Getting back to my computer for about three seconds worth of research, I found out that the use of the iconography of lots-of-crosses-as-mini-grave-markers in anti-abortion/anti-choice protests is part of a nationally organized rhetoric of protest.
(Aside: I should say that I'm slated to teach a seminar in the fall titled "The Rhetoric of Social Engagement," and while many of the social movements we'll be looking at are coming from various places on the left, I've been wanting to attend to a broader spectrum of political rhetorical engagement so as not to miss out on some interesting tactics. The Crosses in the Grass seemed a perfect opportunity.)
The Crosses in the Grass interest me because of the existing iconography they borrow from, how that borrowing amounts to a repurposing and reframing of arguments in the antagonistic pro-choice/anti-abortion debate (to be simplistic), and how some slippages in rhetorical relationships seem not to matter in the rhetoric of this protest.
(Meta-commentary: I know I've just launched a three-part "preview" or "mapping" thesis statement or quasi-thesis statment, and for that I apologize. It's just that I've been reading "five-paragraph essays about the five-paragraph essay" assignments all week, the topic for a later post, so maybe they're wearing off on me.)
There are two obvious sources from which the iconography of this protest are borrowed. In planting immaculate rows of tiny crosses, a reference is made to Christian grave marker imagery (the cross) and child graves (with the size of the crosses). This has obvious motives.
The second borrowing is enacted through the immaculateness of the rows, the density of the imagined plots, and the similarity of all the grave markers. To my mind, this references military cemeteries. Only in those grave plots does one find the invariability of matching grave markers characterized in the iconography of this protest.
On repurposing and reframing:
Both borrowings repurpose and reframe the iconography they borrow from, locating visual display in a newly situated rhetorical system of social and political protest.
The first reframing (of grave markers) is really quite simple and too uninteresting to say much about: a mass of tiny Christian crosses argues that there are vast numbers of dead "babies" being figuratively buried each day.
The second reframing involves creating a relationship between aborted fetuses or pre-fetuses and war dead. Fetuses/pre-fetuses are aligned with people killed in battle, so we have soldiers (and other people killed in wars) and fetuses/pre-fetuses aligned, as well as adults and fetuses/pre-fetuses.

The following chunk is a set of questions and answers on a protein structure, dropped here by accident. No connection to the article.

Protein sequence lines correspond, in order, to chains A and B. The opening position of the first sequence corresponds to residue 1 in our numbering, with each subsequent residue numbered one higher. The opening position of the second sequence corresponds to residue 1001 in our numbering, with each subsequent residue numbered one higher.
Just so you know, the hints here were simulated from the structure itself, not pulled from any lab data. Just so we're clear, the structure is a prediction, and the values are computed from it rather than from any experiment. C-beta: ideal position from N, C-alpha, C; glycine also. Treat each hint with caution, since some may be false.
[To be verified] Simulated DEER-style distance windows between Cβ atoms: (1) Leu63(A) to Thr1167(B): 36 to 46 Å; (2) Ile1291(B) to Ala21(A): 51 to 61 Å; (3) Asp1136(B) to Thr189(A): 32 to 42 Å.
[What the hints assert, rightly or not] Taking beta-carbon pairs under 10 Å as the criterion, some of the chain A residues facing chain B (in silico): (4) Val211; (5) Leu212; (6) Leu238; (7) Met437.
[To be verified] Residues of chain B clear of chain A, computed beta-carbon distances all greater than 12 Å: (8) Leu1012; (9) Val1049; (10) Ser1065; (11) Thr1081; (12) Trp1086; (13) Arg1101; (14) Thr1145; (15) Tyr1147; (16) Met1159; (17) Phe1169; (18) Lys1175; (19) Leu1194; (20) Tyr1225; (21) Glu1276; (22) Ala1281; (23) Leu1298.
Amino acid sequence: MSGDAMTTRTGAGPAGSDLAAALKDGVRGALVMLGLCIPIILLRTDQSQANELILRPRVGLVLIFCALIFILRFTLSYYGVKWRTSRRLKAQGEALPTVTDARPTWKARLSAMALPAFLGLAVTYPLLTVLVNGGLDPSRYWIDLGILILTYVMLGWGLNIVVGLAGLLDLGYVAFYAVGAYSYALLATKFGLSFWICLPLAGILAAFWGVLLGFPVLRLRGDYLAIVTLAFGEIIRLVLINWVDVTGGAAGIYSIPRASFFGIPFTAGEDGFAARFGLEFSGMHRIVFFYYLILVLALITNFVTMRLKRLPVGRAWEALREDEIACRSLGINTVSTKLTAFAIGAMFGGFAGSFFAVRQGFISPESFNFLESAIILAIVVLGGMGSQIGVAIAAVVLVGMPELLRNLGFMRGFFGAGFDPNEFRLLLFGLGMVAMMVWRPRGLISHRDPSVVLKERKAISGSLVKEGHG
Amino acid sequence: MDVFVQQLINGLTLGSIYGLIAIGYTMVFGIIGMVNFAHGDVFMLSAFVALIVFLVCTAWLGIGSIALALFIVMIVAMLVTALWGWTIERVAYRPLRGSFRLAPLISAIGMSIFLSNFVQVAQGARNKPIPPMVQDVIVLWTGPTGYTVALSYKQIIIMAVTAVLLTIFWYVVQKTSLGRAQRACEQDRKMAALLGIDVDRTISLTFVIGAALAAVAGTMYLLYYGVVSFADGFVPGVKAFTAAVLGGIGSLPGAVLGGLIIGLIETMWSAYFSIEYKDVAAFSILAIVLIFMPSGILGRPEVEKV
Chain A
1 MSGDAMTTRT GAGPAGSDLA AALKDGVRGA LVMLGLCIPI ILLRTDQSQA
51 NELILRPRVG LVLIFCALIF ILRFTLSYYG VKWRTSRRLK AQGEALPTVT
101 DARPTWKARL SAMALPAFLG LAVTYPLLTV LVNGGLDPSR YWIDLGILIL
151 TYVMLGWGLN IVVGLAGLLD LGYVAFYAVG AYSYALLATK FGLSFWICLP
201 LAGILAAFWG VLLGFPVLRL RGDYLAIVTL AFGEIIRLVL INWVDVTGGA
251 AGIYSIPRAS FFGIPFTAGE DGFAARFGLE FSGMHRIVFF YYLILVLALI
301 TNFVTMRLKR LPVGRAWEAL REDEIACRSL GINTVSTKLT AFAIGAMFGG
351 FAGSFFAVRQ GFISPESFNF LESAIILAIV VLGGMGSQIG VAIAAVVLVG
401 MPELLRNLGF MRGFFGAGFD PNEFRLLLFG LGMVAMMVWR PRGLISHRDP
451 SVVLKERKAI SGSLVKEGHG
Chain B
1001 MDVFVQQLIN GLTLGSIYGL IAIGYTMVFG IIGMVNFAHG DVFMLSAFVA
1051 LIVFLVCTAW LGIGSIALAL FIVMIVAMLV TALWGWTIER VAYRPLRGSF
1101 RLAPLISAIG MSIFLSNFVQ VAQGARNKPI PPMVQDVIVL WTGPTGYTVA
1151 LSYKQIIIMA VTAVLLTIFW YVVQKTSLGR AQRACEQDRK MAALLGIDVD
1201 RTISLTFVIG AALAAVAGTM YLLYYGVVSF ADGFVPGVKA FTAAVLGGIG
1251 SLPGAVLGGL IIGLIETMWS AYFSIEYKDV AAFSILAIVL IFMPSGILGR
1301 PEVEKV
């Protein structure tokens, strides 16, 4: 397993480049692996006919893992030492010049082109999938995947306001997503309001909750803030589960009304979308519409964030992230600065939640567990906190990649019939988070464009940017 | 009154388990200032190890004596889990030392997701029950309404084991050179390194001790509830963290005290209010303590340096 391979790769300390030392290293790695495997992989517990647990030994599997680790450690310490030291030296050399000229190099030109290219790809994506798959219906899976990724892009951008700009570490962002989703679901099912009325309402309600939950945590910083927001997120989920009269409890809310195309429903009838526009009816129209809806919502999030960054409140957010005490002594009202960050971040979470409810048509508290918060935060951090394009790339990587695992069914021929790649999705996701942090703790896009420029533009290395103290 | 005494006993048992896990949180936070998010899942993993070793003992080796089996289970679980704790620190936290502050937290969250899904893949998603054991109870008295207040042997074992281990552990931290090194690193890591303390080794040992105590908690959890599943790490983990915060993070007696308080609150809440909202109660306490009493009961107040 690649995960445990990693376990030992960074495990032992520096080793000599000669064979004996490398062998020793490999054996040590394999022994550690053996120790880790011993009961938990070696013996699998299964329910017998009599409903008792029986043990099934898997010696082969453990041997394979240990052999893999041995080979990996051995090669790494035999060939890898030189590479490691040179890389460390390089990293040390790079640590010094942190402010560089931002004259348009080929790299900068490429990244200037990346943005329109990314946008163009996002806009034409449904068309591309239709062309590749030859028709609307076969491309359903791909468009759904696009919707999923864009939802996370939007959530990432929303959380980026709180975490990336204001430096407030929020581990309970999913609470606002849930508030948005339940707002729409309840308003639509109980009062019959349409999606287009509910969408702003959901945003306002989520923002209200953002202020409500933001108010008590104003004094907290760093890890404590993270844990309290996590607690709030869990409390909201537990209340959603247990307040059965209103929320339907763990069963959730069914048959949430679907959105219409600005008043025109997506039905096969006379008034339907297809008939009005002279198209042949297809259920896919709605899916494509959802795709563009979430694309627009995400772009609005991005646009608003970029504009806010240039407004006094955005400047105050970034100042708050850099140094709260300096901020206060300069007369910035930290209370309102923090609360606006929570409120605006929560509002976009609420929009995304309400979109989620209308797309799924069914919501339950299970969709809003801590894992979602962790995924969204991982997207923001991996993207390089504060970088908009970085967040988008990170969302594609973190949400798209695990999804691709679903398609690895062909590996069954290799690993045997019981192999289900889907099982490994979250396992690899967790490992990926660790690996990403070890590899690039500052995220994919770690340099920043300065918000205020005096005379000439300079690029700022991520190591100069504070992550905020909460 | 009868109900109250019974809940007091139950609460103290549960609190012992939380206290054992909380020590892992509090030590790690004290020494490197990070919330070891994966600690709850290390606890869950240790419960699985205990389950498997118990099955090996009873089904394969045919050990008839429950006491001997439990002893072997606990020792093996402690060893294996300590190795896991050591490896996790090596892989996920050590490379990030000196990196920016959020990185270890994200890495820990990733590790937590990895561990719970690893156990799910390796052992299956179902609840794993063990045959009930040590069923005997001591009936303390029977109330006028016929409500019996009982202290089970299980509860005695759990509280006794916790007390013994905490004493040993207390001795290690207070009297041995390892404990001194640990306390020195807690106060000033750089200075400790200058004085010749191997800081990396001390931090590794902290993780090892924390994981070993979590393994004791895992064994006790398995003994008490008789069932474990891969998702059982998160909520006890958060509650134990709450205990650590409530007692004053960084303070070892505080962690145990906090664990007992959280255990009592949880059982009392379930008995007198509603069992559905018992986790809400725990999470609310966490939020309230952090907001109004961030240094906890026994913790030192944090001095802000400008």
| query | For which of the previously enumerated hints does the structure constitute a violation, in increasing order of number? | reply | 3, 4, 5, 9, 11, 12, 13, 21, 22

On slippages and the rhetoric of protest:
One obvious slippage in the first reframing (of the grave marker) is in the argument that they are Christian aborted fetuses and pre-fetuses; why else would they have earned crosses as grave markers? This kind of weirdly reminds me of other instances of cross-denominational retro-active salvations and things like that, but what is obviously a slippage is that it seems to work against a primary rhetoric of anti-abortion/anti-choice arguments: namely, that this is an issue of life. In the protest, it seems it is not any more an issue of life but Christian life. However, as with the next slippage, I get the sense that this slippage does not function to compromise the rhetoric of protest in the Crosses in the Grass. Instead, such a slippage seems allowable in the creation of a larger visual and spatial text.
In the alignment of war dead with aborted fetuses and pre-fetuses, there is another slippage. By connecting the two vary different groups, simultaneously it seems implied that 1) "the unborn" are victims of a war, but also that 2) war dead are akin to the result of a medical procedure. This second implication is a way in which the appropriation seems to work two ways at once, saying something about war dead while the Crosses in the Grass attempt to say something about "the 3,600 babies."
As I mentioned, these slippages (a result of appropriations and reframings) seem not to compromise this kind of rhetoric of protest. At the same time, it seems surprising to see the otherwise sacred iconography of the military cemetery brought into this debate, if only because I don't think of pro-life rhetoric, despite the name, as anti-war just yet.
Of course, I thought this protest was anti-war when I first saw it; in a strange sense, it almost is in that it symbolizes war dead as akin to a "mass slaughter" (real or imagined) here at home.